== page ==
Kidney transplant patients can lead full and healthy lives. Following these tips will help transplant patients avoid complications after surgery.
Kidney transplant patients have a higher risk of skin cancer due to their anti-rejection medications.
It is very important to wear sunscreen with SPF 30 or more when you are outdoors. Possible signs of skin cancer include sores that do not heal, lumps, blemishes, markings or changes in the way an area of the skin looks or feels. Be sure to ask your doctor to look at any areas that concern you and to check areas that may be hard to see.
Transplant patients are at higher risk for sexually transmitted diseases (STDs) because they are taking anti-rejection medicines. These medicines lower the body’s immune responses. By learning more about protection and limiting your partners you can lower your chance of infection.
Once a female has started menstruating (having her period), she needs to let her doctor know if she is planning to become, or is, sexually active. The doctor can help to make a good birth control plan.
If you are sexually active plan ahead and always use a form of birth control. If you are interested in discussing this more please let your doctor or transplant coordinator know. The Teen Clinic at Nationwide Children’s Hospital specializes in working with young people and assisting them in exploring many birth control options.
If you do get pregnant, some of the medicines you take after surgery can harm an unborn baby. They can lead to miscarriage or birth defects.
Some of the kidney transplant medicines that can cause problems with pregnancy are:
- Mycophenolate (CellCept or Myfortic)
If doses are adjusted or medicines replaced before pregnancy, you can avoid their risks to the pregnancy.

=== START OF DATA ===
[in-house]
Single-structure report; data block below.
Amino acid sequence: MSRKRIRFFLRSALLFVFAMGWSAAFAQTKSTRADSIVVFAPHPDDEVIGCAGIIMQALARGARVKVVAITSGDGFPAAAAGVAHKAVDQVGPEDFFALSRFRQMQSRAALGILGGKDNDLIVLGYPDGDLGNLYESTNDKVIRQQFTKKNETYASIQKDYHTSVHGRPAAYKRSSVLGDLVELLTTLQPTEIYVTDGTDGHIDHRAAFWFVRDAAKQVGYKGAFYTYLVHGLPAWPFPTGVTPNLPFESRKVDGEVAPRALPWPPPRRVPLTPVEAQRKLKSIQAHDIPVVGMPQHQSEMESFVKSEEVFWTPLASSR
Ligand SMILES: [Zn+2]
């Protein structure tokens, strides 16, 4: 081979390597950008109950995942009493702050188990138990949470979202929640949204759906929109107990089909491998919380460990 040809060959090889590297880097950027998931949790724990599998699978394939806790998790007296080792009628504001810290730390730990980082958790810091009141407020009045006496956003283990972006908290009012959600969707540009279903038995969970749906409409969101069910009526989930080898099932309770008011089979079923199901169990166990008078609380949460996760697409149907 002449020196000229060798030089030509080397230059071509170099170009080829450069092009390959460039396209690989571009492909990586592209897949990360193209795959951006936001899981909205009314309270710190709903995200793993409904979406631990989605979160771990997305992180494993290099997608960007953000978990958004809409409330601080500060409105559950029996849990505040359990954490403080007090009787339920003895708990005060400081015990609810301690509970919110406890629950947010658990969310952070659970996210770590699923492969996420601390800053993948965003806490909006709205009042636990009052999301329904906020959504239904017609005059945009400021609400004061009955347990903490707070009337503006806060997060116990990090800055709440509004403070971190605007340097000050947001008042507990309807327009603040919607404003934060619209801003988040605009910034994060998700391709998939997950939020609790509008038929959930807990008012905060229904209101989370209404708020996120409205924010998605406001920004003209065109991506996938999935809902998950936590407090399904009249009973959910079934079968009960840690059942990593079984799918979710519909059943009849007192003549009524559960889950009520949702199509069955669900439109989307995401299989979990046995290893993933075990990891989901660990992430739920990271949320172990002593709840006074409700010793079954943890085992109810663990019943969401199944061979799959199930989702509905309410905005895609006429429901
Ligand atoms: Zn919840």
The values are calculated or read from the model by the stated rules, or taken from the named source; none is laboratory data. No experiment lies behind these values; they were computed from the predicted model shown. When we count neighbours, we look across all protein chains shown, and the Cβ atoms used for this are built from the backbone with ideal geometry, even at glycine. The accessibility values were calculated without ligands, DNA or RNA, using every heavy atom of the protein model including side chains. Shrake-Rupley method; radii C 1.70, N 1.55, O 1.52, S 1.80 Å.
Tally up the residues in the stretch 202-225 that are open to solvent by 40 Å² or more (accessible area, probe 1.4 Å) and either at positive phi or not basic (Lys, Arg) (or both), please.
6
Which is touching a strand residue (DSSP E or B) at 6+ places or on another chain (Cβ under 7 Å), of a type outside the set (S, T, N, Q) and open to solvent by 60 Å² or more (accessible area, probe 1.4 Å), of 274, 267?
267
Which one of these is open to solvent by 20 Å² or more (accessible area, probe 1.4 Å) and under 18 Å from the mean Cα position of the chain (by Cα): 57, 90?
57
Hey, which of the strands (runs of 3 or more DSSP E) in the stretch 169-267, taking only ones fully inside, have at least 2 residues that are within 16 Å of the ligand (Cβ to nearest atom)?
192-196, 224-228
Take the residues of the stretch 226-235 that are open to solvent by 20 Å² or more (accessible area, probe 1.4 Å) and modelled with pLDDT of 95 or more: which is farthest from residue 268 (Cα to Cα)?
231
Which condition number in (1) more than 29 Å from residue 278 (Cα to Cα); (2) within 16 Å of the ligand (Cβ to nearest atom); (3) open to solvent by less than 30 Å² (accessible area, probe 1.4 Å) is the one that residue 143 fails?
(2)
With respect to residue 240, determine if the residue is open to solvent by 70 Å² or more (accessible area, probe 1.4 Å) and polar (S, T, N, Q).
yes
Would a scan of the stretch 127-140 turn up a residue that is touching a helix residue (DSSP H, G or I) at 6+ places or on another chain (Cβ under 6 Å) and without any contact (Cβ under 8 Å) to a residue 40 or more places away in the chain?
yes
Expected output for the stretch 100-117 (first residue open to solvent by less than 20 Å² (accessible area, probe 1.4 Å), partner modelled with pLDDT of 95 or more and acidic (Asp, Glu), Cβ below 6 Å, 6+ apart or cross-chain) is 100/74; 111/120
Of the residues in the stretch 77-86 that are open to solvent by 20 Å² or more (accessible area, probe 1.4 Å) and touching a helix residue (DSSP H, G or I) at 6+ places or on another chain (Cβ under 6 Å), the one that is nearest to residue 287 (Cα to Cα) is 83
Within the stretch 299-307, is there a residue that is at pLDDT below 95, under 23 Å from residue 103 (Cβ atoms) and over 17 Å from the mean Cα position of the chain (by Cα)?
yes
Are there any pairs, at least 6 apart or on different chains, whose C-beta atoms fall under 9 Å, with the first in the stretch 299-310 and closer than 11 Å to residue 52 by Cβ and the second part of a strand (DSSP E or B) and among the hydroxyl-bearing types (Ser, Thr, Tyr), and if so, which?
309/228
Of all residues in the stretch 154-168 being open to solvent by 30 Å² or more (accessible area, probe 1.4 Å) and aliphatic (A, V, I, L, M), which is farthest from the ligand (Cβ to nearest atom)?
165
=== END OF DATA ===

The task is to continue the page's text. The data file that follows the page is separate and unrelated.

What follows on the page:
If you are planning to get pregnant, think that you may be pregnant or find that you are pregnant, let your transplant coordinator, social worker or kidney doctor know as soon as possible! Your kidney doctor will carefully review and may adjust your renal transplant medicines to allow for a safer pregnancy. Your kidney doctor will also refer you to a doctor who specializes in pregnancy (Obstetrician).
Kidney transplant patients are already at greater risk for heart disease. Smoking cigarettes raises this risk. Other potential harmful effects of cigarettes include direct damage to the kidney transplant and a higher risk for some types of cancer.
Healthy eating habits and balanced nutrition are an important part of treatment after your transplant.
- You need to be careful what you eat to reduce the side effects of the medicines you take.
- A balanced diet that is low in fat and sugar will help you to avoid weight gain, high cholesterol and corticosteroid-induced diabetes.
- To help prevent bone disease, you need to eat dairy foods like milk, yogurt, and cheese. These help give you the calcium and Vitamin D you need.
- It is also important to be sure to handle food safely. Wash fresh fruits and vegetables that are not peeled.
Stay away from foods that have a higher risk of food poisoning, like:
- unpasteurized milk
- soft cheeses
- raw seafood
- raw eggs
- raw meat or poultry
Taking part in some sports and activities could result in a hard hit to the abdomen which could injure the kidney transplant. Some examples of these sports include:
- tackle football
- martial arts
- bicycle riding
- motorcycle riding
It may be best to avoid some of these activities.
Other activities pose a lower risk. Wearing protective equipment may help protect the kidneys during less risky activities. If you are not sure about whether it is safe to take part in an activity or sport, please discuss with your doctor.